Correspondent Martin Sheridan’s M41 Field Jacket & Shirt


Survivor of the Coconut Grove Fire in Boston, one of the first embedded correspondents with troops in WWII, accompanied B-29 fire bombing raid on Tokyo, and ONLY civilian to go on a submarine combat patrol in WWII. Unauthorized for wear by civilians, the ribbons bars on his shirt were cleared for wear by General Douglas McArthur.

You couldn’t make up his WWII history if you tried, but he lived it, braving the dangers of war along side soldiers, sailors, marines, and airman, and Martin Sheridan did it without a weapon, other then the power of the pen, and his keen observations of war as they occurred before his very eyes.

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Martin Sheridan’s story is incredible! I can’t do his history justice here, but will attempt to highlight some of the major events that took place during WWII.

Sheridan was the publicist for cowboy movie star Buck Jones, who was on war bonds tour in Boston. Sheridan and his wife, along with Buck Jones went to the famous Coconut Grove nightclub, the very night of the major fire that claimed nearly 500 lives; Martin Sheridan lost his wife Constance, perishing in the fire, along with Buck Jones. Sheridan, was presumed dead as well, but was pulled from the fire by a young man, and placed in a cab, that took him to Mass General Hospital. His burns were so severe, he required skin grafts for burns on his hands, as well has nearly dying from the toxic fumes of the fire; he remained in the hospital for months.  After getting out of the hospital, Sheridan attempted to join the Coast Guard, but was rejected for service on account of the wounds.

He then pursued the job of war correspondent with the Boston Globe, and was one, if not the first correspondent to be embedded with troops during combat. Having that near death experience already, gave him the perfect mindset in having already accepted the eventuality of death, allowing him to experience freely the horrors of war, and record those events succinctly.

While on the USS Fremont, an amphibious transport ship heading to the South Pacific in October of 1944, a navy doctor describes to his daughter years after, (from a Boston Globe story, 2016), he tells of  having a drink in the officer’s club aboard ship, and meets a reporter with a New England accent, and immediately is drawn to his story, being a fellow New Englander himself. The doctor notices the white gloves on the hands of the correspondent which eventually leads to the story of the Coconut Grove fire. Martin described in vivid detail that fateful night to the Doctor, and his treatment at Mass. General Hospital that very night. The doctor then informed Sheridan that it was his brother that was on call that evening of the fire when Martin was brought in!  “Small world, Lieutenant Commander,” said Martin.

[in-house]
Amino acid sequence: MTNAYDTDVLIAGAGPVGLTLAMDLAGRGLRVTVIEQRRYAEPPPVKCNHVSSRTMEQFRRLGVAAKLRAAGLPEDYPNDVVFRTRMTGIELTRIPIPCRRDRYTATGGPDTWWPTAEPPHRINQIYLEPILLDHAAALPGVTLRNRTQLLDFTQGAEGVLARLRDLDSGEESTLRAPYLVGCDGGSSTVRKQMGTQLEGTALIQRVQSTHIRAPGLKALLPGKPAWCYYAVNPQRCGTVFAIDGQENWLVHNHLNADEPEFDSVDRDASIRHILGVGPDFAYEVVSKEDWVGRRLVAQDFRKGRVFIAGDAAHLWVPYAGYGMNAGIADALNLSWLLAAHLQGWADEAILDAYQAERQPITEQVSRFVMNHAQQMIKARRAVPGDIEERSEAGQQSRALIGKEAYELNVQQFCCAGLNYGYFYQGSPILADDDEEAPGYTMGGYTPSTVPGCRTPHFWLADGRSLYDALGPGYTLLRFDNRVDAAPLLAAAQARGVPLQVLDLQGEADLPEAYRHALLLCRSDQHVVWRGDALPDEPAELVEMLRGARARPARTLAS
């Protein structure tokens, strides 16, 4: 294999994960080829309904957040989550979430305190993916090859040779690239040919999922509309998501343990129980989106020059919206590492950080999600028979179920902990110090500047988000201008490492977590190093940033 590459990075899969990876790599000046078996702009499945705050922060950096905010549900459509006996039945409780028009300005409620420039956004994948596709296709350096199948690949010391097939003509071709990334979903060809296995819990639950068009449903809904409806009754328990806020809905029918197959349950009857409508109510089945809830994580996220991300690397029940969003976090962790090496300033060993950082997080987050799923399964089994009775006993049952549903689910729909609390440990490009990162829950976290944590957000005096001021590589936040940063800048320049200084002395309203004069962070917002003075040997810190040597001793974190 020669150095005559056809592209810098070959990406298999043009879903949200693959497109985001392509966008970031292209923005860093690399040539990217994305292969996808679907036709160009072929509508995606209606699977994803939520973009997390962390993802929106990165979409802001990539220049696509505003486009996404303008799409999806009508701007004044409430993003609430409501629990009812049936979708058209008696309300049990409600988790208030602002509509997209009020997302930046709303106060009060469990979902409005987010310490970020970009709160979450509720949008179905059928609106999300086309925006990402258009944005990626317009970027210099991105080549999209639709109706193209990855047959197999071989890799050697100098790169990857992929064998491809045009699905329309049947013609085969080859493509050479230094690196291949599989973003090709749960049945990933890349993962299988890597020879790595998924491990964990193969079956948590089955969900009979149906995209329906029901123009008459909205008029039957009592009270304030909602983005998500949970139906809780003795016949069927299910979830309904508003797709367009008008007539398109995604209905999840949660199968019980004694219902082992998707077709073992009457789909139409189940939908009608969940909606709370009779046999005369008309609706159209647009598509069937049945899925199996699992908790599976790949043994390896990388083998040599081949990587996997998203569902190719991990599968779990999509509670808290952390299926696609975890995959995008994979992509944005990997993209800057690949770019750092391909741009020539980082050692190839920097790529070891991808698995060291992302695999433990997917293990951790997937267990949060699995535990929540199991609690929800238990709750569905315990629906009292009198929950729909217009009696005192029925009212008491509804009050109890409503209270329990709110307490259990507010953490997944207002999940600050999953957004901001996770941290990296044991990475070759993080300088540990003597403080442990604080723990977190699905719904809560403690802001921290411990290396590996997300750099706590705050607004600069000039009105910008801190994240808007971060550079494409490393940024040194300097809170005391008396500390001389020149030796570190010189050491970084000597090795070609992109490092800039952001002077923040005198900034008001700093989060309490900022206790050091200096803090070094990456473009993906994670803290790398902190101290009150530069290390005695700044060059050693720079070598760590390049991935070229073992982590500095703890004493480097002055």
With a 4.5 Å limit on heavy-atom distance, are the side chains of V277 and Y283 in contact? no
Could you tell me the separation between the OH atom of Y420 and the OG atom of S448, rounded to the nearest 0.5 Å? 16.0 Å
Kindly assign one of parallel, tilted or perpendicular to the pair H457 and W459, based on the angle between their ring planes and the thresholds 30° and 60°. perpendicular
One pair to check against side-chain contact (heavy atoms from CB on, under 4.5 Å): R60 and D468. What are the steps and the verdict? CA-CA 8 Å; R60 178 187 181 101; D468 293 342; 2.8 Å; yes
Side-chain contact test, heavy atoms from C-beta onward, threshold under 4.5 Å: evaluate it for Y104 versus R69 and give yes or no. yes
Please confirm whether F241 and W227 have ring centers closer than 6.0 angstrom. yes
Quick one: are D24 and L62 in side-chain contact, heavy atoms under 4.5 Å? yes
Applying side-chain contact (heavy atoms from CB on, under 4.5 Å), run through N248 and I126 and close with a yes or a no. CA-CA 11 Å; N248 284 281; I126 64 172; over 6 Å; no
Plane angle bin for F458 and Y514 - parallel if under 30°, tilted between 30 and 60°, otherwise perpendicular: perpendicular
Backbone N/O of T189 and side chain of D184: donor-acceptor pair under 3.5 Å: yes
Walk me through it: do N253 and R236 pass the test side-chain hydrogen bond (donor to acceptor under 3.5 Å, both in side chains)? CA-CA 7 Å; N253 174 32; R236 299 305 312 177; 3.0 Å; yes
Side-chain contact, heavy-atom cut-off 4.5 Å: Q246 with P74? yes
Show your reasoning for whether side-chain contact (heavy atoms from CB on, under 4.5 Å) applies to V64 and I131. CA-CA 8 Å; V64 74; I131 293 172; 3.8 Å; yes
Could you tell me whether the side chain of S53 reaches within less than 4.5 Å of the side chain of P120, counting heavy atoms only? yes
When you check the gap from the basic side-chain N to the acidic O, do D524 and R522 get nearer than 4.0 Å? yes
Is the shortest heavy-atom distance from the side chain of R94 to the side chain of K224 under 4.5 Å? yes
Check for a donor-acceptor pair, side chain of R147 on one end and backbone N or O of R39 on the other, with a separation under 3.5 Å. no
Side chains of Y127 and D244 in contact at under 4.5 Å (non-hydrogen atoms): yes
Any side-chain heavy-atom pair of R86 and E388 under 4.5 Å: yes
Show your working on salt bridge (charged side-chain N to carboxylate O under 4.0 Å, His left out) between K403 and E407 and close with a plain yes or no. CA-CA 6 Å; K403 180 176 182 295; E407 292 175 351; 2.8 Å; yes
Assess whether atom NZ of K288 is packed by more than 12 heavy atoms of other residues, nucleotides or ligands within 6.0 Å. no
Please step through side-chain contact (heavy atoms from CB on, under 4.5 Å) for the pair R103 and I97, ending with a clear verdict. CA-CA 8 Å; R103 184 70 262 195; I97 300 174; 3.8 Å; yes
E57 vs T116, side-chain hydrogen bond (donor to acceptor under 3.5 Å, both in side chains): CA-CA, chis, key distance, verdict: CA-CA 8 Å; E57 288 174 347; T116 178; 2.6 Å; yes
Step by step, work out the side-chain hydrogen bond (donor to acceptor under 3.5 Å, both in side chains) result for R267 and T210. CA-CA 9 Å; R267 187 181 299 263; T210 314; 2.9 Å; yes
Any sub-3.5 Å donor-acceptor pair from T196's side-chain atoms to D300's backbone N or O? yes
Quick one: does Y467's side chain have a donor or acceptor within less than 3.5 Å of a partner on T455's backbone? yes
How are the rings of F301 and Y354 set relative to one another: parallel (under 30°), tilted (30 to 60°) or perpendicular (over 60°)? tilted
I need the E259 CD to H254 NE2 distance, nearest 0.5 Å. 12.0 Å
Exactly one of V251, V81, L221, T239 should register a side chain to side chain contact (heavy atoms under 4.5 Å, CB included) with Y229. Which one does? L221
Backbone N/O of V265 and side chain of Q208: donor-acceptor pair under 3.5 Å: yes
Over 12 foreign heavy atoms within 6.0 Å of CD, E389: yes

The next day, still onboard the USS Fremont, Sheridan, meets the doctor again in the officer’s club, near in shock. “You won’t believe it Commander, I was interviewing a few of the boy on the ship for the paper, when an electrician’s mate, first class, a young, chap named Howard Sotherden……asked me if I was Martin Sheridan from Boston…..”Well sir, I’m the sailor who pulled you out of the Coconut Grove fire!”  9000 miles from home, and Sheridan meets the brother of the doctor who treated him at Mass General Hospital and the man that saved his life on the same ship!

Sheridan would find himself on Guadalcanal with the marines, the Philippines, were General Douglas MacArthur presented Martin Sheridan with the Asiatic- Pacific campaign ribbon, and wrote, “You have added luster to the difficult, dangerous and arduous profession of War Correspondent.” (quoted from another online news article included with lot).

He accompanied a B-29 crew that firebombed Tokyo on March 9th, and 10th 1945 reporting in the Boston Globe that the plane flew so low that the paint on the fuselage was blistered and charred. Imagine seeing this after surviving the incredible devastating fire that nearly took his life.